5. The SAS expander of claim 1, wherein the virtual tape manager is to configure the virtual tape virtual PHY to allow access to the disk drives of the virtual tape virtual PHY for virtual tape functions and prevent other devices from accessing the disk drives for other purposes.

6. The SAS expander of claim 1, wherein the particular zone group is a first zone group.

7. The SAS expander of claim 6, wherein the virtual tape manager is configured to define a second zone group for another physical drive bay associated with one of the disk drives to allow an initiator unlimited access to storage resources associated with the another physical drive bay.

8. The SAS expander of claim 1, wherein the received command includes a list of physical PHYs corresponding to the identified physical drive bays.

9. The SAS expander of claim 1, wherein the defining of the particular zone group by the virtual tape manager is responsive to a request from a user interface.

10. A method of using a serial attached small computer system interface (SAS) expander to provide a virtual tape drive, the method comprising:

receiving from another SAS expander a SAS command to identify drive bays to generate a virtual tape virtual PHY;
generating the virtual tape virtual PHY capable of being part of a zone group, wherein the virtual tape virtual PHY comprises the identified drive bays;
defining a first zone group for a physical drive bay associated with a disk drive to prevent an initiator from targeting the disk drive associated with the physical drive bay so that the initiator does not have direct access to the disk drive associated with the physical drive bay and only has access to the virtual tape drive associated with the physical drive bay, the first zone group assigned to the initiator for the virtual tape drive; and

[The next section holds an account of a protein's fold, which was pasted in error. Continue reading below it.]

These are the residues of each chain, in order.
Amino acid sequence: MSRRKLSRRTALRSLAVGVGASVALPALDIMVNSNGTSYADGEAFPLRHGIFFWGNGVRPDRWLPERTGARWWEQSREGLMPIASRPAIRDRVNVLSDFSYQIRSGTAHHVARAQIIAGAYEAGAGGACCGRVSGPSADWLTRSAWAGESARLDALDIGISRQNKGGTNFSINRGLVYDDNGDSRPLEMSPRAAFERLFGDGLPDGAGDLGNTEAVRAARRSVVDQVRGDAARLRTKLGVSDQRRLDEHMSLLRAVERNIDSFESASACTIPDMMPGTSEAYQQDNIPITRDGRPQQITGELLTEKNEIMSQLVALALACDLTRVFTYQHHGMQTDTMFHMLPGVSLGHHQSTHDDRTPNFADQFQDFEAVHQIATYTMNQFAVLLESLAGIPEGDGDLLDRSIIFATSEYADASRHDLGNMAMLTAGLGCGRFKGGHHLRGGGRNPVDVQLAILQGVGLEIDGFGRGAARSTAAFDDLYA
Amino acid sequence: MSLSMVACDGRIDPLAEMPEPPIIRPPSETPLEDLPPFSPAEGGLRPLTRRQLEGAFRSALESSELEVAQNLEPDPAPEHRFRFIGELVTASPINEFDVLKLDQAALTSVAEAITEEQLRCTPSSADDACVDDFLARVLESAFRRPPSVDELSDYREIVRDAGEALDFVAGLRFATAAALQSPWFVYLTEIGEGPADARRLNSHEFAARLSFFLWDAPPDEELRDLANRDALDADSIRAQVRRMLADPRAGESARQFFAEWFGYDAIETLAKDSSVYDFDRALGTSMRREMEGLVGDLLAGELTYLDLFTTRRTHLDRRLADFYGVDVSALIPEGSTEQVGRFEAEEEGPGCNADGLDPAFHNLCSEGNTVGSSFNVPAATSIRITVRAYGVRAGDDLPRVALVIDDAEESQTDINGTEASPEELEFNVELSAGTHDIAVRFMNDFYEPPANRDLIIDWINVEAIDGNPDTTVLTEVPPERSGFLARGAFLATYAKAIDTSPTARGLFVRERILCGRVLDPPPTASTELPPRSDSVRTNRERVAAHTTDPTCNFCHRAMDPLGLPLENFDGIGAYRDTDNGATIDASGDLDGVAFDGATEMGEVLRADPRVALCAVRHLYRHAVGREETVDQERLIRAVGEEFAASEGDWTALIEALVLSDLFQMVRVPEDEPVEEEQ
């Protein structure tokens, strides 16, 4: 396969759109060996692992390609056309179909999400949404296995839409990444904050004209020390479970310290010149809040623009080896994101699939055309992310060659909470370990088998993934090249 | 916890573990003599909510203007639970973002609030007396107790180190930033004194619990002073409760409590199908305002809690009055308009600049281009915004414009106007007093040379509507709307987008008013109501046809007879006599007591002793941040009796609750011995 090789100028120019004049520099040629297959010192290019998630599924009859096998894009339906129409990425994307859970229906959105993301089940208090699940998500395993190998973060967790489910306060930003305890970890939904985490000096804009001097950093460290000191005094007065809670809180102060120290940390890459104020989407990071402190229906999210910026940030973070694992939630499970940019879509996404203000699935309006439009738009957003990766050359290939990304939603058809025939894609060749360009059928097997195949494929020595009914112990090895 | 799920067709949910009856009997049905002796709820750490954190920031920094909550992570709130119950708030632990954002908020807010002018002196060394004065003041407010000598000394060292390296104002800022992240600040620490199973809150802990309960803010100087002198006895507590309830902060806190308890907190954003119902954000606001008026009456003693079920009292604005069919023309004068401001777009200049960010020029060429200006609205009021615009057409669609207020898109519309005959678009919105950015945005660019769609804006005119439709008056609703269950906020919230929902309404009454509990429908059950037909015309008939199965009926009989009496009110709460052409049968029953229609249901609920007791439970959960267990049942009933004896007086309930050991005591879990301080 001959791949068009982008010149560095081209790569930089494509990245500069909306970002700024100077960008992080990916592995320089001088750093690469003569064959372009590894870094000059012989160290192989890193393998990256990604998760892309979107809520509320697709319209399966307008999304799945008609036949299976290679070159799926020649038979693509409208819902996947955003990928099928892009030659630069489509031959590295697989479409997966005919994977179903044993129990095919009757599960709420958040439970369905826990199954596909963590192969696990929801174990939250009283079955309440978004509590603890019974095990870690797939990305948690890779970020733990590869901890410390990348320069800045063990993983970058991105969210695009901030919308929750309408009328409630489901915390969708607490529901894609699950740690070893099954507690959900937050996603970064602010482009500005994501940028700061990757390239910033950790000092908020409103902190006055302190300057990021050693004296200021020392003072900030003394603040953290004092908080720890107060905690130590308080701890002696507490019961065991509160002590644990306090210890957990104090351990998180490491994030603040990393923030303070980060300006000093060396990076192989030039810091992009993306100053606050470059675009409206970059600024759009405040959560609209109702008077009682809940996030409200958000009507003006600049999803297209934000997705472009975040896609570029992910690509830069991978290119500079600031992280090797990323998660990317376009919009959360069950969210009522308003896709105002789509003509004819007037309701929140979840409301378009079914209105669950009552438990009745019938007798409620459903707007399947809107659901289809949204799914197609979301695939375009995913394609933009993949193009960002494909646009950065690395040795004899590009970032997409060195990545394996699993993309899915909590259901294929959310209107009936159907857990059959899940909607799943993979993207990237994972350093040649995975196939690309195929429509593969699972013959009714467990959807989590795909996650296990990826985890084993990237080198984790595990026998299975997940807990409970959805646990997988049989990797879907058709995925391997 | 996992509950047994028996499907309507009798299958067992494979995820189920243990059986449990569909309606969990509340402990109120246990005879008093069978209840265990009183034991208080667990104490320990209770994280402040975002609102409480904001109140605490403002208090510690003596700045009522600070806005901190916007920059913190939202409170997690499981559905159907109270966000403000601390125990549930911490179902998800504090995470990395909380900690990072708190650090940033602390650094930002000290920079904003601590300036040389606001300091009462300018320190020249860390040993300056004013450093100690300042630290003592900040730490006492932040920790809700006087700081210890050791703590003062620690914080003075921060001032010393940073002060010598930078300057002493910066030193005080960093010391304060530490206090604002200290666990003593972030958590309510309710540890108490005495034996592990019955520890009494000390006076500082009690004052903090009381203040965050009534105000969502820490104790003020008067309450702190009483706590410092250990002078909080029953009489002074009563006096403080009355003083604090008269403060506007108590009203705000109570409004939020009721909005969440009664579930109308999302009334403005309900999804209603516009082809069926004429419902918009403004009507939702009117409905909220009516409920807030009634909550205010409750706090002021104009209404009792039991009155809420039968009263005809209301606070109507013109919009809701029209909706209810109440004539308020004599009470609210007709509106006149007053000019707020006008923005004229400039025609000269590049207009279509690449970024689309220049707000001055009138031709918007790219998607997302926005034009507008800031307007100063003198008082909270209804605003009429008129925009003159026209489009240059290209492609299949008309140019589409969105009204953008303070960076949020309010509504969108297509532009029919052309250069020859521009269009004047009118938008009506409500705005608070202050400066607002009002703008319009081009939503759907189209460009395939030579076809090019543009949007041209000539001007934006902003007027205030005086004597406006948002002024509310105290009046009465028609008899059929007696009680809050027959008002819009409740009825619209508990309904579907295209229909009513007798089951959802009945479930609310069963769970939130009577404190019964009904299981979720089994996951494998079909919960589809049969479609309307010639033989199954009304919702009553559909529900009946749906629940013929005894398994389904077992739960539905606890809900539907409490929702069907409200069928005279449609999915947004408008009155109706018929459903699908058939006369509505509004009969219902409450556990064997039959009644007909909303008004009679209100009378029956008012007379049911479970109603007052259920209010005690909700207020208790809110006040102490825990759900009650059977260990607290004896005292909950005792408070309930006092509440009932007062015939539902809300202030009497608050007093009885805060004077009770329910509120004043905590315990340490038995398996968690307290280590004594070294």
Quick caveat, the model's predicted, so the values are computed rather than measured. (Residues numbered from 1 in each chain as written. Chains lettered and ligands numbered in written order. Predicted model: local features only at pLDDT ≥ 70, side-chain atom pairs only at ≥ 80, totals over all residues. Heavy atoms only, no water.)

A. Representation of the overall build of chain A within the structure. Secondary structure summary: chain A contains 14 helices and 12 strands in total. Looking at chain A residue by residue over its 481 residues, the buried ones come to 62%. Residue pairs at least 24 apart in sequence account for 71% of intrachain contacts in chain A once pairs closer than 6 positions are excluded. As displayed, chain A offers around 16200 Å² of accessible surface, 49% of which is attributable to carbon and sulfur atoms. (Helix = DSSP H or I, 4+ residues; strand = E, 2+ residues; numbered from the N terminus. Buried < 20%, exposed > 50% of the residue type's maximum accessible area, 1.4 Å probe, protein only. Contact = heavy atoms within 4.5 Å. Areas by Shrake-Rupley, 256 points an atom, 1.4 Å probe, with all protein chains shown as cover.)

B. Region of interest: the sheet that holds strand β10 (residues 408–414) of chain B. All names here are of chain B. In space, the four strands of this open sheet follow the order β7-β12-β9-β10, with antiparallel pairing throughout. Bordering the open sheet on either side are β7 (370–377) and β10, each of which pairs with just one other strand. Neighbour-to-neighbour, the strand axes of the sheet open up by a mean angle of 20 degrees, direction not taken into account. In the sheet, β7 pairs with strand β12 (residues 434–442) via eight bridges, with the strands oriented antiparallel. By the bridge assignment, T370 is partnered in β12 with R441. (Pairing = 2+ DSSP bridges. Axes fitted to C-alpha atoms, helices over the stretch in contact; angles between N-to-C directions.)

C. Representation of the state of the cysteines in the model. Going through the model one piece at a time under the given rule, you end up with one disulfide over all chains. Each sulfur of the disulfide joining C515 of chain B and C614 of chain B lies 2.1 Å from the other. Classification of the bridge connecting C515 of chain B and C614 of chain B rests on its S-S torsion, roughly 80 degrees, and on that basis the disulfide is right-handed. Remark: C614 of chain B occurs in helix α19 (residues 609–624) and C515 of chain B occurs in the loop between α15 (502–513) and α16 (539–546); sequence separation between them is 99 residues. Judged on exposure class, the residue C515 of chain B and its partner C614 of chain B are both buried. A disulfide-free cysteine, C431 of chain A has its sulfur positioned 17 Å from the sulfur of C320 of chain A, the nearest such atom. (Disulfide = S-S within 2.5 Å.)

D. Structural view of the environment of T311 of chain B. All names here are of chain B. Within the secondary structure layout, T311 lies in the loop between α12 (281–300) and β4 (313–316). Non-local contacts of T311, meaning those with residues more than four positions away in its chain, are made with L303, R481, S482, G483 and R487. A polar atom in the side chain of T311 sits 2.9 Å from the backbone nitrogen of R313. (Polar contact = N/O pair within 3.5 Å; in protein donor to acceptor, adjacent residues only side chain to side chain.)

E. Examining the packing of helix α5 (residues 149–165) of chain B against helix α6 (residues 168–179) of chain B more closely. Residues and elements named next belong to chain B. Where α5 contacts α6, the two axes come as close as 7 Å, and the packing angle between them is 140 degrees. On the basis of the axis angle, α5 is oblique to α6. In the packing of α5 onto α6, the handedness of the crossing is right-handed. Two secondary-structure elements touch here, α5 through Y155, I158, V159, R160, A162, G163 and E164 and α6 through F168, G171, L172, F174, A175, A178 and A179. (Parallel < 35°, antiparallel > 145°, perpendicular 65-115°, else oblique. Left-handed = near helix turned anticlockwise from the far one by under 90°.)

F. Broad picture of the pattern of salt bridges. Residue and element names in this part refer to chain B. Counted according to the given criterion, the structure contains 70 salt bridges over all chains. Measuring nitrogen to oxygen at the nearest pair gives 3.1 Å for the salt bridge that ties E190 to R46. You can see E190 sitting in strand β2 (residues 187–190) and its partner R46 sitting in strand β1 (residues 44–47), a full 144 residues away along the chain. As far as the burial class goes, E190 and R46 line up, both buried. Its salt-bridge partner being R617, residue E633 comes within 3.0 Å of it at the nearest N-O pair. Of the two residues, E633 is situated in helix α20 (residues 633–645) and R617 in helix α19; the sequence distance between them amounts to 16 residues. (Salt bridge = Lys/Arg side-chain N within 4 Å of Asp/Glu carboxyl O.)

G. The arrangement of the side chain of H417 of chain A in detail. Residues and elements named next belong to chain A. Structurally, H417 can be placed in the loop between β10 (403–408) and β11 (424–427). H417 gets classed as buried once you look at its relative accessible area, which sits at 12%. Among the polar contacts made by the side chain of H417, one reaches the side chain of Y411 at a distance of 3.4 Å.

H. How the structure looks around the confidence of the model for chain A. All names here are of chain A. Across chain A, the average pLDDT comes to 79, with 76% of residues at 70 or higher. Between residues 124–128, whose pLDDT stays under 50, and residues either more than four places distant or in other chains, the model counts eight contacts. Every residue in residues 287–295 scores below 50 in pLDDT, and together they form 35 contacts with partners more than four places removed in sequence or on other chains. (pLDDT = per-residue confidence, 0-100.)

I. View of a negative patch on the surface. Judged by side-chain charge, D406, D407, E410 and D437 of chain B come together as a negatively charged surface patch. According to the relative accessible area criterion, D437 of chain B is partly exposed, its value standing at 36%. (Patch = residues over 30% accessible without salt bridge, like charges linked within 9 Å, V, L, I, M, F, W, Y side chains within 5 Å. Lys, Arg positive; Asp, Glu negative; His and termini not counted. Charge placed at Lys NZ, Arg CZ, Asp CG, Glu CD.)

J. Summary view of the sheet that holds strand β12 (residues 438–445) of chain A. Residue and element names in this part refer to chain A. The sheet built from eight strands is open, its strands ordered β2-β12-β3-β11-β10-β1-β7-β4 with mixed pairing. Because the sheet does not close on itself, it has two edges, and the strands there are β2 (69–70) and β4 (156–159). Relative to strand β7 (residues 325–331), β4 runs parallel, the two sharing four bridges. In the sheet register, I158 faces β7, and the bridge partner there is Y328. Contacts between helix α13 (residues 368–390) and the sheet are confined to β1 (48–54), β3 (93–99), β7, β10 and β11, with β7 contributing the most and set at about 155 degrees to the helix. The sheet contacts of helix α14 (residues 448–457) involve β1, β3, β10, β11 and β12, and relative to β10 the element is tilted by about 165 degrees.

generating, in response to the defining of the first zone group assigned to the initiator for the virtual tape drive, a BROADCAST primitive sent to the initiator to allow the initiator to discover the virtual tape drive.

11. The method of claim 10, further comprising receiving from the initiator sequential access commands for the virtual tape drive, and converting the sequential access commands for the virtual tape drive to random access commands for a disk drive.

12. The method of claim 10, further comprising generating a BROADCAST primitive sent to a second expander to allow update of routing tables of the second expander.

13. The method of claim 10, further comprising receiving a SAS command to zone the virtual tape virtual PHY.

14. The method of claim 10, further comprising communicating to another expander information relating to the generated virtual tape virtual PHY.

15. The method of claim 10, further comprising associating disk drives of the drive bays for emulation of tape drives.

16. The method of claim 10, wherein defining the first zone group for the physical drive bay comprises defining the first zone group for the physical drive bay that is included in the virtual tape virtual PHY.

17. The method of claim 10, wherein receiving the command comprises receiving the command responsive to user selection of drive bays in a user interface, and wherein defining the first zone group is responsive to user input in the user interface.